Best Pride Month Ever
In the course of a few weeks in June, the Supreme Court has restored democracy, expanded gun rights and expanded religious liberty in ways few thought possible.
In 279 B.C., at the Battle of Asculum, King Pyrrhus of Epirus beat the Roman Republican armies. Pyrrhus poured his forces into the battle against the Roman might, overwhelmed them, and crushed them. Pyrrhus lost most of his troops, many of his top generals and several friends, but he won the day. Unfortunately for Pyrrhus, Rome had reserve forces. Pyrrhus had none.
“If I achieve such a victory again, I shall return to Epirus without any soldier,” Pyrrhus reportedly said. Because of the devastating casualty toll, Pyrrhus had to withdraw against the Romans despite his victory. All of his territorial gains would be taken by the Romans. To this day, we remember Pyrrhus’s defeat through victory as a pyrrhic victory.
The Supreme Court, on the last day of Pride Month, gave President Joe Biden just such a victory. In Biden v. Texas, the President went all the way to the Supreme Court seeking the power to end the “Return to Mexico” policy of the Trump administration. That policy required all migrants seeking to cross into the United States to return to Mexico to await processing.
Even after the Supreme Court ended Roe v. Wade a week ago, immigration remains a more important issue to voters. The court handed Biden his pyrrhic victory. Biden can end Trump’s policy and allow these migrants to stay in the United States. The victory comes as a huge summer wave of migrants is headed north to our southern border. Now Biden has an immigration crisis on his hands, and Republicans can legitimately say the president fought all the way to the Supreme Court to make the crisis happen and have taxpayers pay for it.
The 2021-2022 term of the Supreme Court really made this the best Pride Month ever. In the course of a few weeks in June, the Supreme Court has restored democracy, expanded gun rights and expanded religious liberty in ways few thought possible.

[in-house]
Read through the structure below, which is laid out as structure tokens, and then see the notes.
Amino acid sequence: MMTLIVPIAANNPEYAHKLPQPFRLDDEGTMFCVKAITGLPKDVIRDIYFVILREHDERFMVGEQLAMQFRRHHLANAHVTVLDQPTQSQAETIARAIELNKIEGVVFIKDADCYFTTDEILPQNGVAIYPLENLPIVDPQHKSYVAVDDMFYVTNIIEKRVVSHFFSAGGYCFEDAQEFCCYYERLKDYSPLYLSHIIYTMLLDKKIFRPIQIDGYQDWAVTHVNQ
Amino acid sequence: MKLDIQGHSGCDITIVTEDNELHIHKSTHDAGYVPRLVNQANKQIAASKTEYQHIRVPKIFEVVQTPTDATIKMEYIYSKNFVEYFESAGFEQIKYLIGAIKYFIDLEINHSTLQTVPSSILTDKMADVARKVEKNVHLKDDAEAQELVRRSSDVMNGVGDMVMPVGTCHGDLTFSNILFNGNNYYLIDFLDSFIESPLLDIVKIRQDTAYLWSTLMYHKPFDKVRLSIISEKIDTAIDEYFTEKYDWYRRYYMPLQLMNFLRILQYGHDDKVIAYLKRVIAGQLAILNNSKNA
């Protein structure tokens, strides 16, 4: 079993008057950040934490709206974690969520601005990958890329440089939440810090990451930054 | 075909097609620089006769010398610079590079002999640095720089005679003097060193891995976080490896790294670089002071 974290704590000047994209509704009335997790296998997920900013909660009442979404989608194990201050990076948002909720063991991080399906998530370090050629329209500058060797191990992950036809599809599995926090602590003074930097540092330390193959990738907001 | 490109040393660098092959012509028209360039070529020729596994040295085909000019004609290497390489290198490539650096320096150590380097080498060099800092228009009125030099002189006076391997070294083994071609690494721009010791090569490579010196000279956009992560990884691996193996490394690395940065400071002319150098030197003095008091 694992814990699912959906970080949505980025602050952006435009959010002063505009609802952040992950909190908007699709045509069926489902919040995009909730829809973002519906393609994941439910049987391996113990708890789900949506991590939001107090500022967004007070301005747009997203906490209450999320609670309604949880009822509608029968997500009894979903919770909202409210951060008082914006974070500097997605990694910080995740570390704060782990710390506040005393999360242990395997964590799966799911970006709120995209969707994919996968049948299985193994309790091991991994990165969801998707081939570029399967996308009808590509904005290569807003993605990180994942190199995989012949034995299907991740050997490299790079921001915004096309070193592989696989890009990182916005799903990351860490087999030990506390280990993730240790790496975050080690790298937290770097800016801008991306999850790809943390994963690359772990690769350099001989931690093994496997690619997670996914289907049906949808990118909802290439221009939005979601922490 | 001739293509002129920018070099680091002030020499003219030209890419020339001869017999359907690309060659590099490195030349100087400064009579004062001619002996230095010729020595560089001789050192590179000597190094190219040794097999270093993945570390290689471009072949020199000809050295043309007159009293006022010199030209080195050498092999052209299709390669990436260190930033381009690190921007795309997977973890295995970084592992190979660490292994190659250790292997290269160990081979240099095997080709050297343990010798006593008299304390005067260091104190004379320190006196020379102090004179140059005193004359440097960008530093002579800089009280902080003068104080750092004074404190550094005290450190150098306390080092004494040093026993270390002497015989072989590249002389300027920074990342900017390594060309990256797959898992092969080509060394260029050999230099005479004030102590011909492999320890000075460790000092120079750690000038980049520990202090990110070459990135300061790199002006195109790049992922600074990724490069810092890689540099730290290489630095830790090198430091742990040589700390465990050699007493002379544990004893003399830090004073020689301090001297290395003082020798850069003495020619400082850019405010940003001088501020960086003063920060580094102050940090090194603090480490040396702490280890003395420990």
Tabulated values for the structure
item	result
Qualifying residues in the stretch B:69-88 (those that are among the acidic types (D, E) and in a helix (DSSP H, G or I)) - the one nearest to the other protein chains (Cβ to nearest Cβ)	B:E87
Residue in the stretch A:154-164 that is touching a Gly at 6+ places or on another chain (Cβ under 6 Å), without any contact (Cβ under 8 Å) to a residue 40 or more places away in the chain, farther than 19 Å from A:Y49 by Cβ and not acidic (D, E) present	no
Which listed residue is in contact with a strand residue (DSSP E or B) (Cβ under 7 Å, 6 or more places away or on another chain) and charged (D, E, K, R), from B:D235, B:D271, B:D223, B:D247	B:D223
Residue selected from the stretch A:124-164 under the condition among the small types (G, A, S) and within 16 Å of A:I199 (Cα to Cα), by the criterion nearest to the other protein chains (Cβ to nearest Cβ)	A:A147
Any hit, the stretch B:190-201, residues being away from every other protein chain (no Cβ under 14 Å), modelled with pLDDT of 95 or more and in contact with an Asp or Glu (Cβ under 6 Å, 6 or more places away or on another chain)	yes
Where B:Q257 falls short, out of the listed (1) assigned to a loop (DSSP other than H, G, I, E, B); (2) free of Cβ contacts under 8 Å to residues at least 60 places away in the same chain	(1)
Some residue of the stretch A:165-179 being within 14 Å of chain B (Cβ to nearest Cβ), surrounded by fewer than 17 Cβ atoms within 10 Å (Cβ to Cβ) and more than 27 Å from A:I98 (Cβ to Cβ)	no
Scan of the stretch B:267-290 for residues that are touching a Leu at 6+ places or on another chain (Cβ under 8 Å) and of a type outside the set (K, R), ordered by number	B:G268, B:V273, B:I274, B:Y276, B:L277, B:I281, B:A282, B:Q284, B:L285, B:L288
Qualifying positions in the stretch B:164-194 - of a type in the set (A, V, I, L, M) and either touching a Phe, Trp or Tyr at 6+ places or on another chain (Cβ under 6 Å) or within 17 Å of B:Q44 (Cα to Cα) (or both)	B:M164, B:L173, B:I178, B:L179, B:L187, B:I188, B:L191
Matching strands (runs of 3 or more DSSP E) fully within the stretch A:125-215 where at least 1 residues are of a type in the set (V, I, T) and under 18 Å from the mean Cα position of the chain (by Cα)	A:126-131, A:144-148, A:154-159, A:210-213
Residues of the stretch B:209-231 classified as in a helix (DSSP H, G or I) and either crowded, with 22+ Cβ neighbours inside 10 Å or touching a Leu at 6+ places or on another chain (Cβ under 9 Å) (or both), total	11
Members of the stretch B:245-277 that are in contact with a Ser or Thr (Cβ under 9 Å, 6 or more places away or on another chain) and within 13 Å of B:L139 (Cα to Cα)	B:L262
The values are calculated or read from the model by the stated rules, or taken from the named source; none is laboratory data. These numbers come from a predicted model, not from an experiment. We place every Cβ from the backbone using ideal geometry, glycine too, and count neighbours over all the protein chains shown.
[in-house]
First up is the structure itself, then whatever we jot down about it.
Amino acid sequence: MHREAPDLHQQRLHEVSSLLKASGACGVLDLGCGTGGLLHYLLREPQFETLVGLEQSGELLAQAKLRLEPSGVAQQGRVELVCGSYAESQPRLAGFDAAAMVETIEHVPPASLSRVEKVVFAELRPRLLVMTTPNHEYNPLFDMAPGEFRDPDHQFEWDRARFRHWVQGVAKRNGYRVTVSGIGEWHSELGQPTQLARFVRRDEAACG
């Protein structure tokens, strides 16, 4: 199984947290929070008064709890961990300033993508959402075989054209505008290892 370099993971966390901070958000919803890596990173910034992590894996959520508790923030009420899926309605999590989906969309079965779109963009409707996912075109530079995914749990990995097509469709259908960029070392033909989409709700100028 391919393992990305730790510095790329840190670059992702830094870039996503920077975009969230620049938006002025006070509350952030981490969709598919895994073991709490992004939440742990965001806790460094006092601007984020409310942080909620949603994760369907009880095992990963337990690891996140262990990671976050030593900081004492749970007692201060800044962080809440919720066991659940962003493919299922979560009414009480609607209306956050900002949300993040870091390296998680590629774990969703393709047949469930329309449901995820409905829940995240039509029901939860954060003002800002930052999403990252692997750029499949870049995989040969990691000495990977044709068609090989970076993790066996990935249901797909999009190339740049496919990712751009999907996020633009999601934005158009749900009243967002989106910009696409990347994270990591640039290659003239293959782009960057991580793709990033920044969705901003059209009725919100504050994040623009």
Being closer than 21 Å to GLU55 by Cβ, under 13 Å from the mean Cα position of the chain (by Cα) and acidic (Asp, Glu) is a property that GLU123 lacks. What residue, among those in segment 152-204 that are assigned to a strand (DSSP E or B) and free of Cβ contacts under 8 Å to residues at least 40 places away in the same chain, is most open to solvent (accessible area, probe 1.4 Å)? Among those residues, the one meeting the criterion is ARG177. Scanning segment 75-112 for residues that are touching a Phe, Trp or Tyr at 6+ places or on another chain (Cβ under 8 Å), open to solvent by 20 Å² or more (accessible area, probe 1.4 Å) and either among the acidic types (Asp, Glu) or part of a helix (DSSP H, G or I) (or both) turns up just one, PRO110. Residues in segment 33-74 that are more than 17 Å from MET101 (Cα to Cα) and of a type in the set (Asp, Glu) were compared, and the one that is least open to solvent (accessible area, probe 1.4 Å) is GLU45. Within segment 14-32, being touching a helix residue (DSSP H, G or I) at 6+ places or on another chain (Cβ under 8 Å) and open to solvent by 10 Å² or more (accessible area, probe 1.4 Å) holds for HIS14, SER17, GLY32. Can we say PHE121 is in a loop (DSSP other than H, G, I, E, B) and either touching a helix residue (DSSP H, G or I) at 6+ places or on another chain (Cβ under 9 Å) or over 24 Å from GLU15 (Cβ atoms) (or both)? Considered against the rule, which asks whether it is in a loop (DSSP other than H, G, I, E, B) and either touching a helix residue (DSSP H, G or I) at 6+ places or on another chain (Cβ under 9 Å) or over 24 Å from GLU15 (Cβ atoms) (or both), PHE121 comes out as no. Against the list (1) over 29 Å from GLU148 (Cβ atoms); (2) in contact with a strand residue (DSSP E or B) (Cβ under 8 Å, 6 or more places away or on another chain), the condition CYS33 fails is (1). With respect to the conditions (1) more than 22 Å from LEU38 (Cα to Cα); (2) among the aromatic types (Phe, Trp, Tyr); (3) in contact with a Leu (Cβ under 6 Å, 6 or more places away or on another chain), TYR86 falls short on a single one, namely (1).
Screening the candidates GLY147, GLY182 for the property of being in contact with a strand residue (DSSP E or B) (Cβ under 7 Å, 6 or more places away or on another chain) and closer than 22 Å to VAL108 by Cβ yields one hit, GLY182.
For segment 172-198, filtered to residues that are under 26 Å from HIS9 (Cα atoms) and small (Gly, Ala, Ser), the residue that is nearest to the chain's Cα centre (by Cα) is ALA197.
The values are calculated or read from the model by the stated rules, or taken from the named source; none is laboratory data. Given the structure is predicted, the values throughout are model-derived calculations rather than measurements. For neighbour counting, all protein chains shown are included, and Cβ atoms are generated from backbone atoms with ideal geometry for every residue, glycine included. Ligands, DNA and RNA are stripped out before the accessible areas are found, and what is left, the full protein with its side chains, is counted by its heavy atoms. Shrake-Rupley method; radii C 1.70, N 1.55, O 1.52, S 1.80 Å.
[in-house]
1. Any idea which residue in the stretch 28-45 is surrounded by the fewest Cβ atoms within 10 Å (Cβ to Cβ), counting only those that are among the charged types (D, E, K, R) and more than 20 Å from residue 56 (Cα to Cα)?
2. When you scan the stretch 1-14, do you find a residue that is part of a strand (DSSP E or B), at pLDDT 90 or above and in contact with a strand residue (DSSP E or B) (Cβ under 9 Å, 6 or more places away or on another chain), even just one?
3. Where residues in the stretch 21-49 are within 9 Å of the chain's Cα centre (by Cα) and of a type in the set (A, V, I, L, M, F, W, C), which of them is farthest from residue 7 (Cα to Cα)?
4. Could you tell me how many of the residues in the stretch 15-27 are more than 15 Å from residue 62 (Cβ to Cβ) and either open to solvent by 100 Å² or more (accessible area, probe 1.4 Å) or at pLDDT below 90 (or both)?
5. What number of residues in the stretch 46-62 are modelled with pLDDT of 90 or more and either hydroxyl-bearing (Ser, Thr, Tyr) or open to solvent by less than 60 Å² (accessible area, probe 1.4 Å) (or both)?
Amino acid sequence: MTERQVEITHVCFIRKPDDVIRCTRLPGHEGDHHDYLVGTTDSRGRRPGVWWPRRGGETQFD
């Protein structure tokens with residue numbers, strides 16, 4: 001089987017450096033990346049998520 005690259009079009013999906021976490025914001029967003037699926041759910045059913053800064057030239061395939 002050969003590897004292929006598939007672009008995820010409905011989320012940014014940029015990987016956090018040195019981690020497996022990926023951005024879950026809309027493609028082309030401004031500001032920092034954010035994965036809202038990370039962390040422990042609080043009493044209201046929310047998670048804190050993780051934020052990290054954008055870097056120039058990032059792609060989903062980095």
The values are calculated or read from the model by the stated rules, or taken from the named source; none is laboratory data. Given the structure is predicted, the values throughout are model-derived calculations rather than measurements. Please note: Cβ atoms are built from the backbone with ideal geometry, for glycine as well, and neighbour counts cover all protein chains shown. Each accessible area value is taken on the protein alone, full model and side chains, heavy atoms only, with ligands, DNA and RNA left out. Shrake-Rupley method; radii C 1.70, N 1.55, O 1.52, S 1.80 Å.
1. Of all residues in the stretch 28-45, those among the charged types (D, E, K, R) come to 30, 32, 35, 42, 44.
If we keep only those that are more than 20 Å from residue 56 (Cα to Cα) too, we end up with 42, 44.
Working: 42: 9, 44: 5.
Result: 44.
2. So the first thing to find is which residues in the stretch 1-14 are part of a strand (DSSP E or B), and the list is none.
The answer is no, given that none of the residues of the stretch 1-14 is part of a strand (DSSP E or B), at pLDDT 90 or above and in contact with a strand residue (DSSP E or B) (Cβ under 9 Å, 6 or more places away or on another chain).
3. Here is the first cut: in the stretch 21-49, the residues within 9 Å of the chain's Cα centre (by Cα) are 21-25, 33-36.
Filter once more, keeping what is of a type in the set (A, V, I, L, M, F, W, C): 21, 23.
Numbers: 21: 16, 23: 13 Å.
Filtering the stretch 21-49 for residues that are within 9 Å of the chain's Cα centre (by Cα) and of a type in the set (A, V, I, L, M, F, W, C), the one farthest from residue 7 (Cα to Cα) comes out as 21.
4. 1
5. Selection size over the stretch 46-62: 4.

For democracy, the court returned the abortion fight to the states. It never should have been in the Supreme Court. Unlike gun rights, which can be found in the Constitution, the document is silent on abortion. That means it should have been a state issue. But in 1973, seven life-tenured justices chose to preempt democratic conversations and debate and read abortion into the Constitution. Over 49 years, the pro-life movement, playing by the rules of American politics, worked within democratic institutions to reshape the Supreme Court and ultimately won. Though the press will never credit it as such, the American pro-life movement is one of the greatest demonstrations of democracy in history.
Additionally, for democracy, the Supreme Court ruled the Environmental Protection Agency cannot make regulations on climate change without Congress giving it that power. For the past hundred years, Congress has passed the buck to federal agencies to legislate so Congress could avoid having to make difficult decisions. The Supreme Court ruled Congress cannot pass the buck to unelected bureaucrats without passing clear laws. Progressives hate the ruling, but it will force Congress to actually legislate instead of abdicate responsibility.
On guns, the court reaffirmed the second amendment right to keep and bear arms and denied states the subjective power to deny concealed carry permits. Only six states were affected. Those states allowed judges or others to subjectively decide if someone could get a carry permit. California’s law, for example, allows stated political beliefs to be taken into account. All the other states have objective requirements to get a carry permit, some including gun safety classes. That will now be the law in all 50 states.
Lastly, the court finally got rid of Lemon v. Kurtzman and the so-called Lemon Test, which essentially required government to default into forced secularism. The court ruled that if states cover the costs of private education, the state cannot discriminate against religious schools. The court also ruled public employees can express their religion publicly. Both protect religious liberty.
This was a major year for the Supreme Court and its decisions these last few weeks have made this the best Pride Month ever.
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